What do you think? Are there other areas where there might be market inefficiencies in the game of hockey?

-Jason

Hacking Tryouts – Experimenting with advanced statistics

Tryout camps are a time of tumultuous emotion, upset parents, scorned players, stressed out coaches, and political agendas. When I took part in the minor hockey and junior tryout camps, I was sort of blind to all the calamity around me. When I began attending tryout camps from the perspective of strength and conditioning/skills coach, I took on a whole new perspective. I sort of took on the perspective of the anxious parent who wants his kid (in my case, athletes I train), to do well. I also took the perspective of the coach trying to sort out who was deserving of a spot and who wasn’t. This journey was further animated by the (wide) range of perspectives of every different parent.

Most parents of players who were cut, thought that their kid was not given a fair shake. I sometimes agreed, and other times disagreed. Since parents were so biased in watching their kids play, I wondered, though, exactly how much of my bias was distorting my perception of players’ performance. The next logical question was: how much of the coach’s bias distorted his views? In order to answer this, I wanted to evaluate some sort of objective data that might track a player’s performance in the tryout camp and possibly predict their future performance on the team. So that’s what I did…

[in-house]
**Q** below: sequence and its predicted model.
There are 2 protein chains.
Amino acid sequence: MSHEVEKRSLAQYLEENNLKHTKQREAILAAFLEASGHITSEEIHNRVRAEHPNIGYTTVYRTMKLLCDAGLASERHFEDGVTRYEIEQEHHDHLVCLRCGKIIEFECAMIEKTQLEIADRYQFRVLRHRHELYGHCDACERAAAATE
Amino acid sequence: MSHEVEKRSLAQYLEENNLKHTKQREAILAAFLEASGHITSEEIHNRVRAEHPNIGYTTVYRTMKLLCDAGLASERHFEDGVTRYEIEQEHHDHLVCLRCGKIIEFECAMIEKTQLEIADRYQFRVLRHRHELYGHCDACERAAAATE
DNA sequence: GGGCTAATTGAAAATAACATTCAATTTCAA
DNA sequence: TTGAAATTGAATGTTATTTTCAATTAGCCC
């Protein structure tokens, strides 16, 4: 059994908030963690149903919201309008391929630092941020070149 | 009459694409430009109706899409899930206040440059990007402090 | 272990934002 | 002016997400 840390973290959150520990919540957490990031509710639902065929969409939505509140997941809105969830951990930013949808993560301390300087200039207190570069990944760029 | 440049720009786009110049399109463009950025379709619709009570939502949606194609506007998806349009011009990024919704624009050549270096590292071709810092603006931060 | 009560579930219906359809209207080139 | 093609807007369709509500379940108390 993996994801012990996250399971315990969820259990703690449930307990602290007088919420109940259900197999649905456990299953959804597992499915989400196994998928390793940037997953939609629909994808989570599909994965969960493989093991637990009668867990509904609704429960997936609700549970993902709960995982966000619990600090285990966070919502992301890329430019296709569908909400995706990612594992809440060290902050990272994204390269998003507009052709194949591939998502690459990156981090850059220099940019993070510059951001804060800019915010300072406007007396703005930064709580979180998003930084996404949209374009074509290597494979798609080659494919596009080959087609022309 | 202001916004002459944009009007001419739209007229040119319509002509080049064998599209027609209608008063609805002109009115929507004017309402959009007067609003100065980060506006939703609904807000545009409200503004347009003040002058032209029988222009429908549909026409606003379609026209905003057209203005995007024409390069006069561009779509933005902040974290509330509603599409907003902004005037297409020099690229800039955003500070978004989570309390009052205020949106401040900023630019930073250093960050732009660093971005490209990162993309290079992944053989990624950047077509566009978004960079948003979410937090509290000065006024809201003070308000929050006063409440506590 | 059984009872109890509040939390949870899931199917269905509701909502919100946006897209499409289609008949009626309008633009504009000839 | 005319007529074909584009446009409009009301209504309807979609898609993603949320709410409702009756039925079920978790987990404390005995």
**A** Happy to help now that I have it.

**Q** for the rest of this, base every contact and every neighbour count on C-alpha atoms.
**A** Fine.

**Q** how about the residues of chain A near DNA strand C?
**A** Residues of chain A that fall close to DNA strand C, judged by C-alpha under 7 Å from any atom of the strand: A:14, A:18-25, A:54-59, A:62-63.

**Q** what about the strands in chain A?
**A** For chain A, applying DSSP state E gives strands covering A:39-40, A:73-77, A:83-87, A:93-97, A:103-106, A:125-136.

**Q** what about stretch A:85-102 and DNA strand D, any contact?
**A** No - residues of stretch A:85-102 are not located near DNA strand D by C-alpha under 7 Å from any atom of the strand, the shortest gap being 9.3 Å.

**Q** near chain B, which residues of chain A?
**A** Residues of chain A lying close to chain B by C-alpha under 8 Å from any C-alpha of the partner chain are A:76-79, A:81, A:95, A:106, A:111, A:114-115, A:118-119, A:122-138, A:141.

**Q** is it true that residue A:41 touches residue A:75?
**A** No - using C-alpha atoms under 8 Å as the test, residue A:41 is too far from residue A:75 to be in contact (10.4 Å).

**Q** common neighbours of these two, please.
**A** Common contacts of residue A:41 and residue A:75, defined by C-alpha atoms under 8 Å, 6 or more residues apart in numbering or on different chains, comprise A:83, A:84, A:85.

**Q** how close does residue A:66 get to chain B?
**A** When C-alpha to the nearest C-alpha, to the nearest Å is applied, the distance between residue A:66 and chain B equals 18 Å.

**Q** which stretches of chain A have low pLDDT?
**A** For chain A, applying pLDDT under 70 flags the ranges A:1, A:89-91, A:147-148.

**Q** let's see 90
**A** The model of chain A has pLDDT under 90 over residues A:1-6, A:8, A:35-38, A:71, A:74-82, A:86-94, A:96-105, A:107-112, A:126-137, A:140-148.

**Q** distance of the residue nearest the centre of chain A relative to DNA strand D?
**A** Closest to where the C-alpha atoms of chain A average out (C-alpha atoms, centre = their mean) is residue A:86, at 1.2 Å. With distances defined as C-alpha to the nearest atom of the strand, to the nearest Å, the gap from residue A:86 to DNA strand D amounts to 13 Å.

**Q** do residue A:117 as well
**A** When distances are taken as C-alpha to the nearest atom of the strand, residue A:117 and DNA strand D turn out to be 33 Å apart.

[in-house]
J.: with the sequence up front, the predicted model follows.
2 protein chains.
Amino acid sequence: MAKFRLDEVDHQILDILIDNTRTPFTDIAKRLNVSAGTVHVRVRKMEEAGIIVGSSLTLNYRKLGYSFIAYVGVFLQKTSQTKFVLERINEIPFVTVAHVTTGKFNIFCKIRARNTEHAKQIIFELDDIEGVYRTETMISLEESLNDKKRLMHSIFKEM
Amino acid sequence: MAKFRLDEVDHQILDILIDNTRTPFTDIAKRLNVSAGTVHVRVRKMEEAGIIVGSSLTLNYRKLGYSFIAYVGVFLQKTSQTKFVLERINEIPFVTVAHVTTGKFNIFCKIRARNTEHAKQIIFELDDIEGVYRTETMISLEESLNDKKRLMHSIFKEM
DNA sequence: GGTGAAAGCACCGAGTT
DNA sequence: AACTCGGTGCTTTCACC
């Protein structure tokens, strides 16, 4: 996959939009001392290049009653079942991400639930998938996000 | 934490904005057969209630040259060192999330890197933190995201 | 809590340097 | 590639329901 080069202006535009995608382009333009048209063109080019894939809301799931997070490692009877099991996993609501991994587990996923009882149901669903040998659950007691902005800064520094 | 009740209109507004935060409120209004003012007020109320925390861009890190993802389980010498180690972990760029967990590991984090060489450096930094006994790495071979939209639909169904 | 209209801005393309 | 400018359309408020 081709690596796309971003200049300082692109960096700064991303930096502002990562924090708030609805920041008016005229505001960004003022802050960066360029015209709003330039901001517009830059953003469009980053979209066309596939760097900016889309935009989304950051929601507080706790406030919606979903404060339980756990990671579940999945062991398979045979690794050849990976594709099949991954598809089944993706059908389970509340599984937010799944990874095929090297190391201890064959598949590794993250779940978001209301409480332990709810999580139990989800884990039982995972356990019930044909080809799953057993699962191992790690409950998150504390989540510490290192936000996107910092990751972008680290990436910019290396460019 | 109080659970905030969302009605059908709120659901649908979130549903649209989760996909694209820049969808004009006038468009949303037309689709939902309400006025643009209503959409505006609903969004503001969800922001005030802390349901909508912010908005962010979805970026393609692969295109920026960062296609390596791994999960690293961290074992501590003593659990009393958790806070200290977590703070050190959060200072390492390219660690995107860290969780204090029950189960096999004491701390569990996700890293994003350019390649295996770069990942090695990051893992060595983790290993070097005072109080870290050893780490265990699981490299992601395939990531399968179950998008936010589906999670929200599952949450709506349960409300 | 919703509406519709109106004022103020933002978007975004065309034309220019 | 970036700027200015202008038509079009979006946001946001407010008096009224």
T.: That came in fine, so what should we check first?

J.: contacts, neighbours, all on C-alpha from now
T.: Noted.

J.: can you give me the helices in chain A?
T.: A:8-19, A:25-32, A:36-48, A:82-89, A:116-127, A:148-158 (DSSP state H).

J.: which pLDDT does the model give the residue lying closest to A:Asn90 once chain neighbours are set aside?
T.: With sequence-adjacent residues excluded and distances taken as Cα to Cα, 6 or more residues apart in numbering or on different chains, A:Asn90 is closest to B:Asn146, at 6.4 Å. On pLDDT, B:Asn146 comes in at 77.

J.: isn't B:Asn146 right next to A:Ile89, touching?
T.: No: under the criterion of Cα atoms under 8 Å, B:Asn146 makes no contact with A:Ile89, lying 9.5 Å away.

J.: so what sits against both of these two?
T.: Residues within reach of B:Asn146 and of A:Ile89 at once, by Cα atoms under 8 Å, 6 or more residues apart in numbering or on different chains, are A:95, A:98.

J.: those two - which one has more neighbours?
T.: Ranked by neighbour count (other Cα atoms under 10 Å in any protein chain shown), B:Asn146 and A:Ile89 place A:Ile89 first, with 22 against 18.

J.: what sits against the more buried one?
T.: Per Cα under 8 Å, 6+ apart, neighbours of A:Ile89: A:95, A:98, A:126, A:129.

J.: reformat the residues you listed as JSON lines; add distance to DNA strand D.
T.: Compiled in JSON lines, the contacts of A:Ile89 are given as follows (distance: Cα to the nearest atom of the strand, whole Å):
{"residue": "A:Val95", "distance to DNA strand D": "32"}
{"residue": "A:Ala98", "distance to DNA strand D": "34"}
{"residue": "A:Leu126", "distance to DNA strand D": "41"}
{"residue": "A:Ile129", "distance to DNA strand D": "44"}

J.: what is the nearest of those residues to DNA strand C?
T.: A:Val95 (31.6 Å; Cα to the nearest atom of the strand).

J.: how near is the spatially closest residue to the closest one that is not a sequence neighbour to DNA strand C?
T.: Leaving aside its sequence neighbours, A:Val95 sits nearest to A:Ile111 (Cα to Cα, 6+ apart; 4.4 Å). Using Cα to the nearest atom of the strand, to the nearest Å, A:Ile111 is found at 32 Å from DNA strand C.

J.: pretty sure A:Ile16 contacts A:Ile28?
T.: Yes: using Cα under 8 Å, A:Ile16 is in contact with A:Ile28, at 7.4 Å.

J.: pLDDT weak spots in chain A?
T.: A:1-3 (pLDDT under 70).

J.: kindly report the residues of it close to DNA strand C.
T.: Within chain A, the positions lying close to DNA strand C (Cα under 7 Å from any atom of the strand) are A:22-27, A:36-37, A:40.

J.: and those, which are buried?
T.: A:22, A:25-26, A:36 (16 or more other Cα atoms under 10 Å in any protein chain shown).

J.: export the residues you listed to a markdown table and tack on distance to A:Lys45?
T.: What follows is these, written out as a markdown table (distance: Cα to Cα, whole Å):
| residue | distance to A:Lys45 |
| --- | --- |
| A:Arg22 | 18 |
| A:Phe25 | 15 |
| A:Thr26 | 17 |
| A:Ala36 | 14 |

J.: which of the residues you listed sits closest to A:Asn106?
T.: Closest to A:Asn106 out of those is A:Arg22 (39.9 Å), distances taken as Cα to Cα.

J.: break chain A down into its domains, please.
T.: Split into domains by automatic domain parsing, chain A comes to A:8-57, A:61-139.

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Hacking Sports Psychology – What “You think too much!” really means…

“You think too much” is common feedback that I received throughout my career. And it confused me.
 
It was correct feedback…because people who were not as smart as me could play hockey much better than me. It drove me nuts.
 
But did their brains really just shut off? And is that what I should do? Just shut my brain off?
 
It turns out that a more accurate way of describing what was going on is, “you’re thinking with the wrong system.”
 
Two Ways of thinking…
 

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Hardware vs Software: Part I – Quality vs Quantity

It seems that strength and conditioning coaches just want their athletes to perform lifts and exercises at a certain threshold of skill, and then they just don’t care anymore. At that point, they want the numbers of the training to reflect the results. By this, I mean that they’ll want the aerobic capacity, strength, power, and heart rate of an athlete to be the best values that they can be, with minimal concern over how that happens.
 
This is a fine tact to take. However, it operates on the assumption that we move perfectly, or close to it. The sad truth is that most of us do not move perfectly. We do not have the software to properly run our hardware.
 
Why don’t we move perfectly? Well because our environment and culture causes us to be sitting for long periods of time. It causes us to be hunched over while texting, or with our shoulders forward while typing.